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Under the Volcano

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I was thrilled. My dad invited me to go snow skiing in Colorado with him. I would’ve been about 13 years old. On the first day, I was a downhill racer, tucking and speeding ahead down the easy slopes and catwalks that made up  Buttermilk Ski Area. It was snowing. I was showing off. My dad seemed entertained but complained about the visibility.

We stopped at the mid-slope bar for lunch. It was never too early for cocktails. That night I slept like a child.

I woke to a darkened room disoriented, unsure where I was. My dad was snoring away on the bed next to mine. As I was using the bathroom I noticed a large daily meds case packed with brightly colored pills. Lots of them.

The panic attack I experienced that morning stayed with me, below the surface, for the next ten years, until my father succumbed to alcoholism, heart disease, and ultimately cancer. I was 21 and a freshman in college as he pleaded with me from his hospital bed, “It’s as if lightning struck me twice in the same year. What have I done, so wrong?” His open heart surgery had flooded his system with new oxygen-rich blood and the dormant cancer cells bloomed in his brain.

I wonder how my dad continued to make such poor choices, how his death wish overrode any corrective action that could’ve provided more moments with me. But, that’s not how self-destructive behavior works. I wrestled with my dad’s alcoholism, smoking, and contraindicated behavior for most of my childhood. And until he was dying of cancer and suddenly sober, that communication and effort was only one way. That’s a bitch, right?

After his first heart attack, how did he not get clean and sober? After his second heart attack, his third heart attack, my dad never redirected his downward spiral into darkness and loneliness. At 13 years old, I understood that my father was sick: lots of colorful medicines were keeping him alive, putting him to sleep, and keeping his pressures and levels within tolerance.

He didn’t stop drinking by choice, the chemo took the joy of drinking out of his life. The sobriety that followed was both a blessing and a curse. In the final months with my father, desperate to make connections and to spend time together, I could tell I was going to be angry at him once this was all over. Once he left this mortal coil I would no longer have a father. I had struggled from elementary school on with my father’s drinking.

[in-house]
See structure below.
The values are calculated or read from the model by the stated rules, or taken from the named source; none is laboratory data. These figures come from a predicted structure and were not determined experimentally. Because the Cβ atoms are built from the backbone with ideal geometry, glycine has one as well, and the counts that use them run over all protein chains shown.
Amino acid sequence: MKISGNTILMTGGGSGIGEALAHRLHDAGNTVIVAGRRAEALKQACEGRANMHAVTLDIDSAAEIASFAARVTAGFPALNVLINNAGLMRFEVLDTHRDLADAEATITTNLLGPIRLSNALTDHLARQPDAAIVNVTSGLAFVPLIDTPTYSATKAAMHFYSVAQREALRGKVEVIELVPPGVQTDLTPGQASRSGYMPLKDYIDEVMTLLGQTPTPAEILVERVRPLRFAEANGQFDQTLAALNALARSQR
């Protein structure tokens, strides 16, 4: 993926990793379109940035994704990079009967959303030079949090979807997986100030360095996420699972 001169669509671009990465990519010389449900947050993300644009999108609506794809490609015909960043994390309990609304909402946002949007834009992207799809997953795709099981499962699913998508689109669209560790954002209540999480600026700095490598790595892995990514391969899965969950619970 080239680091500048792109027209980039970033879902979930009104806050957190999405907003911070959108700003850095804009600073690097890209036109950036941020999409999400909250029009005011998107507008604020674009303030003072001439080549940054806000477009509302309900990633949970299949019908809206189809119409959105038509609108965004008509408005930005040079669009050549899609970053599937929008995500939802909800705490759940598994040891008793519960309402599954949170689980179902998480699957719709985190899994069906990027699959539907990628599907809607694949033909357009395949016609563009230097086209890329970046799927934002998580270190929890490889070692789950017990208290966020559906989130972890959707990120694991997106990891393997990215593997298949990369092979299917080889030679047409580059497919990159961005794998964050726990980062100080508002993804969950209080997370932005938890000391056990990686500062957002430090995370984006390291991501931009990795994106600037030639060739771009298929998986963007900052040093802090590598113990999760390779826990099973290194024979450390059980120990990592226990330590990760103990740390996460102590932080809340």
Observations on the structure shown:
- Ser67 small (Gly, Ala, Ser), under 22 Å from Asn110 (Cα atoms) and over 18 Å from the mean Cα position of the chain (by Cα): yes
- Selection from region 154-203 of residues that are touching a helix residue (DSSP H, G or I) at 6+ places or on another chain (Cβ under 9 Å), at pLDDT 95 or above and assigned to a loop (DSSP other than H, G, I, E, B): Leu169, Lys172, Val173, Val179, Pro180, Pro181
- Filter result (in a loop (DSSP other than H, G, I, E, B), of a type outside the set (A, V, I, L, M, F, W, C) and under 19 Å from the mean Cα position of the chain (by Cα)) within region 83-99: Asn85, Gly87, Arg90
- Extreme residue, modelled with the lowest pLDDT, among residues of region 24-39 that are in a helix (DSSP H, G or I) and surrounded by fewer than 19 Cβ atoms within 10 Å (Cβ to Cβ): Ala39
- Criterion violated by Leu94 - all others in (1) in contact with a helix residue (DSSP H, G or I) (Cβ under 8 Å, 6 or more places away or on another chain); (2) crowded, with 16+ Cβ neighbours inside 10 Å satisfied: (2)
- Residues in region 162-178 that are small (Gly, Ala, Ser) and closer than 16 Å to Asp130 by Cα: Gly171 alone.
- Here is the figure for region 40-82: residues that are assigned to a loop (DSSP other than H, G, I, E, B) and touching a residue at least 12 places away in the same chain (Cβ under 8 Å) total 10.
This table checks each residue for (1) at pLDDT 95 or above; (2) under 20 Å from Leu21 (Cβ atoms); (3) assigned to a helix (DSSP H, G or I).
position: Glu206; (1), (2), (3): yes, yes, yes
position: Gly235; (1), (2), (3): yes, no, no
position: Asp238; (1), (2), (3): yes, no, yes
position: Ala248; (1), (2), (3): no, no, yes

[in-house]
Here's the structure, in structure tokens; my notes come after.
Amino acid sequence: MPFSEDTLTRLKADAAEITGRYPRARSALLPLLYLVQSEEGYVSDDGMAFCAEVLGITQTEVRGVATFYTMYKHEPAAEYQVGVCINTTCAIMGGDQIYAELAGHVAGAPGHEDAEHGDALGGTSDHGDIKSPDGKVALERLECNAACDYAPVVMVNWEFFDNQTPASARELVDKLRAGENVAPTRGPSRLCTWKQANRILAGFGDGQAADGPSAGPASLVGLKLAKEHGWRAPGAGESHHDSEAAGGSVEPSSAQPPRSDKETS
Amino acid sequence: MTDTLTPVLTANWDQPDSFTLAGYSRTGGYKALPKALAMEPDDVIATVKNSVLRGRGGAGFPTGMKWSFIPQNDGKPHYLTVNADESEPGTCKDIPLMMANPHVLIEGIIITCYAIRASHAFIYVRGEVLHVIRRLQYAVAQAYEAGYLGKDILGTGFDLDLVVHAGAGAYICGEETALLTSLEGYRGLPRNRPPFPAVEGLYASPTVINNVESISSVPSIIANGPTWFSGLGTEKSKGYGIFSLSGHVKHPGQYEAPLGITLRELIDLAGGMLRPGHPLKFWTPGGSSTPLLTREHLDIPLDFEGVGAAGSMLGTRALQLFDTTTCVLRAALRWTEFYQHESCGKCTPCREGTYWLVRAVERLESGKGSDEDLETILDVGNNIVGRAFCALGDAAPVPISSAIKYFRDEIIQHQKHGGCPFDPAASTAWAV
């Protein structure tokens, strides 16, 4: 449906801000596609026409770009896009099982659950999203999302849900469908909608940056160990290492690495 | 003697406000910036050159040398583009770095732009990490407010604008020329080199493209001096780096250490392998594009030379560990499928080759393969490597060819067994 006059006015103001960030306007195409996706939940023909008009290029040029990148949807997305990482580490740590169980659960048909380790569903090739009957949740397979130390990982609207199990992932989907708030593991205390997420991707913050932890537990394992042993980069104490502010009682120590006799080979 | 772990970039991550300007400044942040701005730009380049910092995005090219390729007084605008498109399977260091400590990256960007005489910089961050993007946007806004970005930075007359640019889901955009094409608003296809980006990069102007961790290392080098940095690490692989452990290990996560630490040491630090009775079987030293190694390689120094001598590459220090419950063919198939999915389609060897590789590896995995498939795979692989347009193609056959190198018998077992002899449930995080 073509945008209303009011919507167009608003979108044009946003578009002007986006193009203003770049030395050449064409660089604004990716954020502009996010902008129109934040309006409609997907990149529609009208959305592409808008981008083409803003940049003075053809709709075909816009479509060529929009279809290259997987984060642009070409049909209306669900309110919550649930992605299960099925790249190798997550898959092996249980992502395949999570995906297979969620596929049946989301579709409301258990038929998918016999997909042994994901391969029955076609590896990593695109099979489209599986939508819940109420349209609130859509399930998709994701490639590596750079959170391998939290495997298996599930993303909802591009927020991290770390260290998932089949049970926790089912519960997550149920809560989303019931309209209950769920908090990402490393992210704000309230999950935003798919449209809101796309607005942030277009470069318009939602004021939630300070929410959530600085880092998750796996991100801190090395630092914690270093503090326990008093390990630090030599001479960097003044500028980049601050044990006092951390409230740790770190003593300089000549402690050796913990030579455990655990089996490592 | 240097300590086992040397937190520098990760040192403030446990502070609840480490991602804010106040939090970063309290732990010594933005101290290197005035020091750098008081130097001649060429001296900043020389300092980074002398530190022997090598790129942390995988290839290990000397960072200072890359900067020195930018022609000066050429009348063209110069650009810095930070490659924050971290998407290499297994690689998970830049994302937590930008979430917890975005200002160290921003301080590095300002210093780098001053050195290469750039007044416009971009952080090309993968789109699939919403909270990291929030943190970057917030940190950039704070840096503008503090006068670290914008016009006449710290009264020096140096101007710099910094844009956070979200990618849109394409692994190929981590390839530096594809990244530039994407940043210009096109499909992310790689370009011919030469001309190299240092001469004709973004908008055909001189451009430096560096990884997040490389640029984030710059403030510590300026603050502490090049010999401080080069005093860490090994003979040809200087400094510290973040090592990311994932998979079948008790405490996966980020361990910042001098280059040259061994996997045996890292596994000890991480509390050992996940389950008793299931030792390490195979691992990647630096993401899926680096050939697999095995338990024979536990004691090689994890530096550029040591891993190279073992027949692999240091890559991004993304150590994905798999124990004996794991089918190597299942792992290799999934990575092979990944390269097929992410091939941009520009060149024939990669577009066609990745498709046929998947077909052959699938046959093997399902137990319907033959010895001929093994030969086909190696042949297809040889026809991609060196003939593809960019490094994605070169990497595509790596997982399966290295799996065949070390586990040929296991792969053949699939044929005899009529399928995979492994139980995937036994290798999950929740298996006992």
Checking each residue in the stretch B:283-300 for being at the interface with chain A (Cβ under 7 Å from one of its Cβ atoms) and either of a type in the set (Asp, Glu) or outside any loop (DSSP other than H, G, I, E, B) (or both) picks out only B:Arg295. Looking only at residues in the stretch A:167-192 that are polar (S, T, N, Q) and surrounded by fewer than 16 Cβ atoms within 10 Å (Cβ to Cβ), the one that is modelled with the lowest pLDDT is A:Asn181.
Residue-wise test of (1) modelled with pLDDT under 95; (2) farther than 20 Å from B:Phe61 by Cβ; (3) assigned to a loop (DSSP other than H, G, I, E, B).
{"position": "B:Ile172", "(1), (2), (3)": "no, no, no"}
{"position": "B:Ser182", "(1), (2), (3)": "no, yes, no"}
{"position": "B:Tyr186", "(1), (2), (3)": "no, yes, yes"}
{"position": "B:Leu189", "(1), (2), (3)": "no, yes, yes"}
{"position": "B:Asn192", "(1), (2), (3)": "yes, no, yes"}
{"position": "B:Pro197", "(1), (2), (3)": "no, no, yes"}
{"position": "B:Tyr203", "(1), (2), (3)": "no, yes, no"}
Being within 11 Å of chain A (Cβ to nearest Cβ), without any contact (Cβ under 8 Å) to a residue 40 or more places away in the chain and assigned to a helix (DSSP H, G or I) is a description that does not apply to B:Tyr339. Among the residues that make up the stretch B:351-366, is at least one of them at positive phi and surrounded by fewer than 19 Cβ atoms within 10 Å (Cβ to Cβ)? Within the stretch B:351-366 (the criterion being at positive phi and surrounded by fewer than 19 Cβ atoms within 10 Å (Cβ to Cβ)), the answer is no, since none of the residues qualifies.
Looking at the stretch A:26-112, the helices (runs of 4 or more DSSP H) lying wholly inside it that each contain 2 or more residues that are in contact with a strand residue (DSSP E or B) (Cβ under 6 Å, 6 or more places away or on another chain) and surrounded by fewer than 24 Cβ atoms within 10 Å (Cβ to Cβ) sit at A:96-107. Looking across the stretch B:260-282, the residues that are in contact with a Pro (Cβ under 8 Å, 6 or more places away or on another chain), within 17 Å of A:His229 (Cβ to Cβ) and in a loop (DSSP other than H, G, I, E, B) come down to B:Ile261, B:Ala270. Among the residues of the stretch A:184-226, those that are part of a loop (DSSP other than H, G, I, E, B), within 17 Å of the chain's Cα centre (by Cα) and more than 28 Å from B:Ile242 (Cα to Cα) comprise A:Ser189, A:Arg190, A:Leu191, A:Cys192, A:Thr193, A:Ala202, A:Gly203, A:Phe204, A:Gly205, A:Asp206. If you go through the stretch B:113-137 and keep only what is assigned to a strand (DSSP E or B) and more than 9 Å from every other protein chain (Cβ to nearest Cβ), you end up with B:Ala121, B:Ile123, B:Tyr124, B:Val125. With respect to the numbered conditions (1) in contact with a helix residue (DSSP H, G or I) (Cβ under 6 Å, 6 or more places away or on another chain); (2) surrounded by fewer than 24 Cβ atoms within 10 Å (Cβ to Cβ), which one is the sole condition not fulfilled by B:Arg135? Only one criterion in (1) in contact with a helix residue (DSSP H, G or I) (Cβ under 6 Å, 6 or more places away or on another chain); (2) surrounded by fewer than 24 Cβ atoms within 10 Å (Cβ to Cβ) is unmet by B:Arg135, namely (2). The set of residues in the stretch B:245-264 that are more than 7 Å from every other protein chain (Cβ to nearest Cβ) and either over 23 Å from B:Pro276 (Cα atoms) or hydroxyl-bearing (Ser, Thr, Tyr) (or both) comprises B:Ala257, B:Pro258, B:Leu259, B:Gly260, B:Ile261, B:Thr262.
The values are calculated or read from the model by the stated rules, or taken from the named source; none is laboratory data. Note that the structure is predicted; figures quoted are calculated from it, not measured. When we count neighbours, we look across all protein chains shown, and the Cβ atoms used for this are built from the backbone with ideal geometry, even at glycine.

Shakespearean: son struggles with father’s destructive drinking. I begged him to get help. I became a child magician and a football and tennis star. I made straight A’s.

“It’s time to hit the slopes, Dad.” It’s my daughter, thirty years later. We’re in New Mexico for spring break and the snow looks good. I can’t correct any of my dad’s mistakes, but I can vow not to repeat them. My program is strong. Even as my son vacillates with his own death wish, I am comforted and energized by my own spiritual groundedness. It’s not arrogance, but it’s not defeat either. It’s a contrast to the wickedly dysfunctional homelife that was ushered in after my removal.

My kids had only a narcissistic mom with critical emotional issues of her own. Now, they have grown up with stoic and emotionally damaged expectations about life and what it has to offer. It’s like my son is waiting for the path to be opened up before him. H  e’s gotten this far without a job, perhaps there was a way to go forward without giving in. To life. To work. To becoming an adult and launching from your parent’s house and funding.

A sad revelation each time I arrive on the scene from another massive fuckup. There have been repeated infractions with both my son and my daughter. Somehow, my connection between father and daughter had more tensile strength than the father-son bond. And once sons are the only man in the house, all sorts of distortions begin to take place. Both degradation of the dad role, the immediate whisper of “that asshole” becoming synonymous with my name, and my oh-so-unpleasant ex-wife winding everyone else up with her anxiety and OCD compensations. Both kids have been trained well.

As we are moving through the present day’s motion with my submersed son, I find myself fluctuating like light, a wave, and a particle, sad and angry. I am clear that my own health and recovery is my primary responsibility. I cannot make anyone else change. Not my dad. Not my son. Not my ex-wife.

I focus on my own actions and words. Hoping that my son and others find their next right action, and possibly a conscious contact with the god of their choosing.

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